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Brazilian law enforcement also takes an interest in George Santos

It's not easy to draw the attention of local, state, federal and international law enforcement. George Santos, however, is a special case.


Two weeks ago, a New York Times report on Rep.-elect George Santos presented the New York Republican as a prolific liar. The article touched on a variety of brazen deceptions, covering everything from his educational background to his employment history to his family’s experiences.

But the same reporting touched on a controversy that went beyond his lack of veracity and focused instead on his alleged criminal past.

According to the Times’ account, court records in Brazil showed that Santos, as a young adult, was accused of stealing a checkbook from a man his mother cared for. The future congressman apparently confessed to the crime in 2008 and was later charged.

Santos did not, however, respond to an official summons; a court representative could not find him at his given address; and a local prosecutor told the newspaper that the matter was unresolved.

It’s against this backdrop that the Times ran a follow-up report overnight:

Brazilian law enforcement authorities intend to revive fraud charges against Mr. Santos, and will seek his formal response, prosecutors said on Monday. ... A spokeswoman for the Rio de Janeiro prosecutor’s office said that with Mr. Santos’s whereabouts identified, a formal request will be made to the U.S. Justice Department to notify him of the charges, a necessary step after which the case will proceed with or without him.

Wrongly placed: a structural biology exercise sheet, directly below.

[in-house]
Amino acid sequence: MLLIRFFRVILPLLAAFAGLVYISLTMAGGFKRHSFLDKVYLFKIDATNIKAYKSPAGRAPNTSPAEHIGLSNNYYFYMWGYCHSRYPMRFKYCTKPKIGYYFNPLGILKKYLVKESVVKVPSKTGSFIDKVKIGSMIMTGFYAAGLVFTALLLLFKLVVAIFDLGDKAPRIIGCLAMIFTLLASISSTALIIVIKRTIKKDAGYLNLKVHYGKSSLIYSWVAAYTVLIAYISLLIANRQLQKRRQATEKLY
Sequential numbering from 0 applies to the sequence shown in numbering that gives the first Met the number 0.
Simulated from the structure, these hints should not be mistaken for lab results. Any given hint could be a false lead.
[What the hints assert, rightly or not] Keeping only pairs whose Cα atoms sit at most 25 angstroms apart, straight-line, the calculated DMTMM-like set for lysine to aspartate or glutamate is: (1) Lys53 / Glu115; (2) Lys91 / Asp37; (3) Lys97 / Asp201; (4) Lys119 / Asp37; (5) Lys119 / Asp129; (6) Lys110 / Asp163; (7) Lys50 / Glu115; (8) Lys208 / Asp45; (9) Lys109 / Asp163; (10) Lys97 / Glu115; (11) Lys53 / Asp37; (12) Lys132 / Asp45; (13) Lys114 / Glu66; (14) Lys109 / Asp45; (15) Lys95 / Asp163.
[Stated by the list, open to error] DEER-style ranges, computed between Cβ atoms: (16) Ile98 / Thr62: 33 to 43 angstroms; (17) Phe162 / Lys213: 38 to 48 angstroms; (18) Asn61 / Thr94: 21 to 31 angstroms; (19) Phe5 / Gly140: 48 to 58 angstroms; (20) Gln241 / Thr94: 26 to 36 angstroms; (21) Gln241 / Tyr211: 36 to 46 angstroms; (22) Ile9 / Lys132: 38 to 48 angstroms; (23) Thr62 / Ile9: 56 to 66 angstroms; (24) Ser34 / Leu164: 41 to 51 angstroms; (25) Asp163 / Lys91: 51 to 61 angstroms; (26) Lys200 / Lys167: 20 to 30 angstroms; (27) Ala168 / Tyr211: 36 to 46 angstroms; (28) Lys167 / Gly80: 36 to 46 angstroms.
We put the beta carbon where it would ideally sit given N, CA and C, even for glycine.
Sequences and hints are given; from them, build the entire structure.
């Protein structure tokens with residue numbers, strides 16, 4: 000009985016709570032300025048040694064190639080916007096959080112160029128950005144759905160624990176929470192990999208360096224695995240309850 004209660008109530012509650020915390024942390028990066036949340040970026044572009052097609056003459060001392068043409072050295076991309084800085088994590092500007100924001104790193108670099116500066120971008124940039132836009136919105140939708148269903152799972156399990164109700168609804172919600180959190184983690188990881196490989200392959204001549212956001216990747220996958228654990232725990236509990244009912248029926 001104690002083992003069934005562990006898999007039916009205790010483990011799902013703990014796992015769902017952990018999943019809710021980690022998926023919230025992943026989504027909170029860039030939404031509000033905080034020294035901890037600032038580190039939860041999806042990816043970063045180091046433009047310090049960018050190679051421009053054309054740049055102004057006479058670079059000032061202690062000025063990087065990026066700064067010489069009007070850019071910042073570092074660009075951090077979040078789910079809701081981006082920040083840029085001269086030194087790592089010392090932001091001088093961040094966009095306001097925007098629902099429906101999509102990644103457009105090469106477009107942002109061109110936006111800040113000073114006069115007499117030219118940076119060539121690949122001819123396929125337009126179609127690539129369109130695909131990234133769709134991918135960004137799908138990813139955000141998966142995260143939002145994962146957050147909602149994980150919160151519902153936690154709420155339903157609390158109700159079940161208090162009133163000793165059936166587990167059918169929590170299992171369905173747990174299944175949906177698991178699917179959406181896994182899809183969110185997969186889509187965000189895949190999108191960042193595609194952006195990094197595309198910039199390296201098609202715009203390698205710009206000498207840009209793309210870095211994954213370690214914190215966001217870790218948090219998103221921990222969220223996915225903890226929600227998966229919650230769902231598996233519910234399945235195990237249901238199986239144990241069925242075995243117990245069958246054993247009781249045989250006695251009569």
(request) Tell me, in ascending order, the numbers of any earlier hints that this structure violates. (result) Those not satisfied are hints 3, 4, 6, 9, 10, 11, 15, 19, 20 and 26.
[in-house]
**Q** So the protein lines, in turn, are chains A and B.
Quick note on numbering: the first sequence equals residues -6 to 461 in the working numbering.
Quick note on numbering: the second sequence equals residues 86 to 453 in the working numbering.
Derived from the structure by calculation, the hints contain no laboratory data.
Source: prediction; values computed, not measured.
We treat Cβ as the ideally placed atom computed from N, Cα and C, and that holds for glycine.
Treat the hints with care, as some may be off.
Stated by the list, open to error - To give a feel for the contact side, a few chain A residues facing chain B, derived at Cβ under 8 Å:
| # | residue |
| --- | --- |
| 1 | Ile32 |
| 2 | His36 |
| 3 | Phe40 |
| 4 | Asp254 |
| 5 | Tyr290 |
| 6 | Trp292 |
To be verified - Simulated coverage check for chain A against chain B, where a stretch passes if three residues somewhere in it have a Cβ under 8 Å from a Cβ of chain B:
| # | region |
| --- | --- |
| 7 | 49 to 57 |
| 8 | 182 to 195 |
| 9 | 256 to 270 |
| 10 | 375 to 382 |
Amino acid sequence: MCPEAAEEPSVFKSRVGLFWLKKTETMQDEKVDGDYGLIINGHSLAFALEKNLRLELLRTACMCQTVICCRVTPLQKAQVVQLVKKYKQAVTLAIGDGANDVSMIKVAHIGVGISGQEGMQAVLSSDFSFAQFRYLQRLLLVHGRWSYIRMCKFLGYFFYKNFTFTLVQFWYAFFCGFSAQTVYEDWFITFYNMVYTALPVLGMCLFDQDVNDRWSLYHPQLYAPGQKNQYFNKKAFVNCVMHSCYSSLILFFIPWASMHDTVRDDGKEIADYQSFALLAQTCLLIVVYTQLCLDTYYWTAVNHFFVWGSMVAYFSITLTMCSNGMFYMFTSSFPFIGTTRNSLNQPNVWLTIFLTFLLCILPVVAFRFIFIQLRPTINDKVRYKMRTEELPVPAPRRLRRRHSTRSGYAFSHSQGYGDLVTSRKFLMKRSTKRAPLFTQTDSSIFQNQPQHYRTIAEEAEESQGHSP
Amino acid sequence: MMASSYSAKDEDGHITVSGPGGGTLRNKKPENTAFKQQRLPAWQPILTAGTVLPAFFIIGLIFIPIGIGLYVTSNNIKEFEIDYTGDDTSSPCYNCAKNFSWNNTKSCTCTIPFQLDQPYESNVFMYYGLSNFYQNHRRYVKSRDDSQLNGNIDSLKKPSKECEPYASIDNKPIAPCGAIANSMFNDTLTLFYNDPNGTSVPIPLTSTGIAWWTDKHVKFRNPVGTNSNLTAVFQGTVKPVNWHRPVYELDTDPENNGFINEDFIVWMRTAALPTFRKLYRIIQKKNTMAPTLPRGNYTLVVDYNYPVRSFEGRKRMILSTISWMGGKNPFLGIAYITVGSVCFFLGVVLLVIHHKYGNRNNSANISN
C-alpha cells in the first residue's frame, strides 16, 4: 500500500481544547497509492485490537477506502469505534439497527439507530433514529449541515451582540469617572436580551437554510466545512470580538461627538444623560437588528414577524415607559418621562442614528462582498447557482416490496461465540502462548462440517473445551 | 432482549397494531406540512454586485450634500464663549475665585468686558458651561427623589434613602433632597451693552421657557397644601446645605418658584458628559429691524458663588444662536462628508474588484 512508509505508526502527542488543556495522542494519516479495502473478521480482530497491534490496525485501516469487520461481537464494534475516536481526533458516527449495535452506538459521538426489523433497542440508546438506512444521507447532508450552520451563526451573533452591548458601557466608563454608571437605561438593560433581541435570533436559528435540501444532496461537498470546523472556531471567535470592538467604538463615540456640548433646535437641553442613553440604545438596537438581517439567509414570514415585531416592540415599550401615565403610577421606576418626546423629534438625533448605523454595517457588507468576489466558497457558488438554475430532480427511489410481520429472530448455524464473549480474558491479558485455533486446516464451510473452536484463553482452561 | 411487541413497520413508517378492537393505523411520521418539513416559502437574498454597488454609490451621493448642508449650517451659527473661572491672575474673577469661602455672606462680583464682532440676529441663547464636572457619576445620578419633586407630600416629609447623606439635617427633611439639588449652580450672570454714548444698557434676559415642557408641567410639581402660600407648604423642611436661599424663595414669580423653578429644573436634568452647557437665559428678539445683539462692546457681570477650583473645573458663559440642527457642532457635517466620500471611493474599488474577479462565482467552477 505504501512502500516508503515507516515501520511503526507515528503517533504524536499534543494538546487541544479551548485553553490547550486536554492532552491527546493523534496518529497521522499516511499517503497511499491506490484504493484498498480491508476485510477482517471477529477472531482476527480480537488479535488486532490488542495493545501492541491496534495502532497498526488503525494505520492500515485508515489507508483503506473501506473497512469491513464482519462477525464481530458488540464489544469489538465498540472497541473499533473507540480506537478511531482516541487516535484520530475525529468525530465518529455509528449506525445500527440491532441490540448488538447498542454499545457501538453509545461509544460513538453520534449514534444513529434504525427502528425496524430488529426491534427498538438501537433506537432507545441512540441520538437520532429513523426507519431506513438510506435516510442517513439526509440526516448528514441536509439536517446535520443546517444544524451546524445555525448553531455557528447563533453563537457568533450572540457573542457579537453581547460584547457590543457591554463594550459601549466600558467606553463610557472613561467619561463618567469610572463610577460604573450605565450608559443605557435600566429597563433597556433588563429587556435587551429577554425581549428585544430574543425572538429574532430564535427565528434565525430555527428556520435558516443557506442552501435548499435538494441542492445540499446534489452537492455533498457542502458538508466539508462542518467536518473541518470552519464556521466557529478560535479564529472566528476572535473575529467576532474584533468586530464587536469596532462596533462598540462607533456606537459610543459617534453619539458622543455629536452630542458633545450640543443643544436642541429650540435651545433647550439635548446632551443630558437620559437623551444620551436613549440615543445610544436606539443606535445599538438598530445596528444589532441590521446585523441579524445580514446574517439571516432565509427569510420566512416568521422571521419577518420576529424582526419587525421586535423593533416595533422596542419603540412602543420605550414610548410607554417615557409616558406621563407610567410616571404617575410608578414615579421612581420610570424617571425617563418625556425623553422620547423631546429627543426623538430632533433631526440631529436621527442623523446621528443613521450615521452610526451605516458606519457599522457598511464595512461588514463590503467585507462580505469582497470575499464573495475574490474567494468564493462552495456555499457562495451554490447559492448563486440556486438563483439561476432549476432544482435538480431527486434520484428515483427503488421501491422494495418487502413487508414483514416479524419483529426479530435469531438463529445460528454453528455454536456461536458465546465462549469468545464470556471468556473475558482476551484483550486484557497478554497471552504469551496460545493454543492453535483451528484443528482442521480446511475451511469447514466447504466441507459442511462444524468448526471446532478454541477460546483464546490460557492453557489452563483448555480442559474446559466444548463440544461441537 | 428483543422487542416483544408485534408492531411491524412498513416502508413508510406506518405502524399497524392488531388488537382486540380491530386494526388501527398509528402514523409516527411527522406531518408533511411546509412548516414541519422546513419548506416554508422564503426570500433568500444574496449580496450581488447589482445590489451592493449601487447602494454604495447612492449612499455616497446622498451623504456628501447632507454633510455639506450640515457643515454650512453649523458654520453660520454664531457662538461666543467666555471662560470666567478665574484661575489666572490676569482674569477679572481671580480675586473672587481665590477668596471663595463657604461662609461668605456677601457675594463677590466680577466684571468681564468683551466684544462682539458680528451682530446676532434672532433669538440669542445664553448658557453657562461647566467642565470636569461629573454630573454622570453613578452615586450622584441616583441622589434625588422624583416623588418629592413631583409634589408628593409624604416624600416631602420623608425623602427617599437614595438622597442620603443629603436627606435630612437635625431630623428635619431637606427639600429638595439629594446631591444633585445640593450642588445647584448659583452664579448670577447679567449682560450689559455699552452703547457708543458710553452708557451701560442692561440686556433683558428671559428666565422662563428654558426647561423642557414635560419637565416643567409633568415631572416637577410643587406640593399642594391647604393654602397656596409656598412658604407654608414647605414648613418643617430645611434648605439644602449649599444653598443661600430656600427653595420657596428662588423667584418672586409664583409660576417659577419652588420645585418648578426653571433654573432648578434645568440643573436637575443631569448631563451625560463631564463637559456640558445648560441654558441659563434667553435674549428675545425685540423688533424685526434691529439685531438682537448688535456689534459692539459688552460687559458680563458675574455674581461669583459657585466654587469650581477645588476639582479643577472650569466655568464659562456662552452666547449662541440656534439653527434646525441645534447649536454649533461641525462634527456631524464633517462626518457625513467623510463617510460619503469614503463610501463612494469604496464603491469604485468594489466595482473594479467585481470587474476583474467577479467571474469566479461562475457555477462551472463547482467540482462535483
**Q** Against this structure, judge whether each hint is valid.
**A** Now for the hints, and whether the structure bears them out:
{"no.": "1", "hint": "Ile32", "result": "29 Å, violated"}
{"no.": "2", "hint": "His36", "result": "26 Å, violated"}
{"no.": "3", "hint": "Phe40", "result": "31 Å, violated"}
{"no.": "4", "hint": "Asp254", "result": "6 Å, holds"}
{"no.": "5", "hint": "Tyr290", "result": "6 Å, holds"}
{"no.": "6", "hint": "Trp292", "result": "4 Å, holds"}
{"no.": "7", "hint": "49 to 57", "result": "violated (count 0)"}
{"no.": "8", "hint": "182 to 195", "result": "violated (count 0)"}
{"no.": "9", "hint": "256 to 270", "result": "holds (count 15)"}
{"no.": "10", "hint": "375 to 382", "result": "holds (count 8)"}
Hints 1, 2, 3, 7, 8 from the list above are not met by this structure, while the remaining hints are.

Evidently, the charge was suspended in Brazil because local law enforcement was unable to locate him. Now, however, everyone knows where Santos is.

Note, last week, as part of the Republican’s defense, Santos spoke to the New York Post, which noted the alleged check fraud. “I am not a criminal here — not here or in Brazil or any jurisdiction in the world,” he said. “Absolutely not. That didn’t happen.”

Of course, there’s no way of knowing whether the denial has merit — Santos doesn’t exactly have a lot of credibility right now — and Brazilian authorities apparently intend to pursue the matter anyway.

So, let’s take stock.

The New York attorney general’s office has taken an interest in Santos and his alleged misconduct.

Nassau County district attorney’s office is also investigating Santos.

The Queens district attorney’s office also wants to know whether Santos committed any crimes related to his congressional campaign.

Federal prosecutors from the Eastern District of New York have also opened an investigation into Santos.

And now, Brazilian authorities are reportedly reviving a fraud case against Santos.

Some politicians have to work a very long time before they draw the attention of local, state, federal and international law enforcement. Santos, however, is a special case: He hasn’t even been sworn in yet, and he’s already facing five investigations.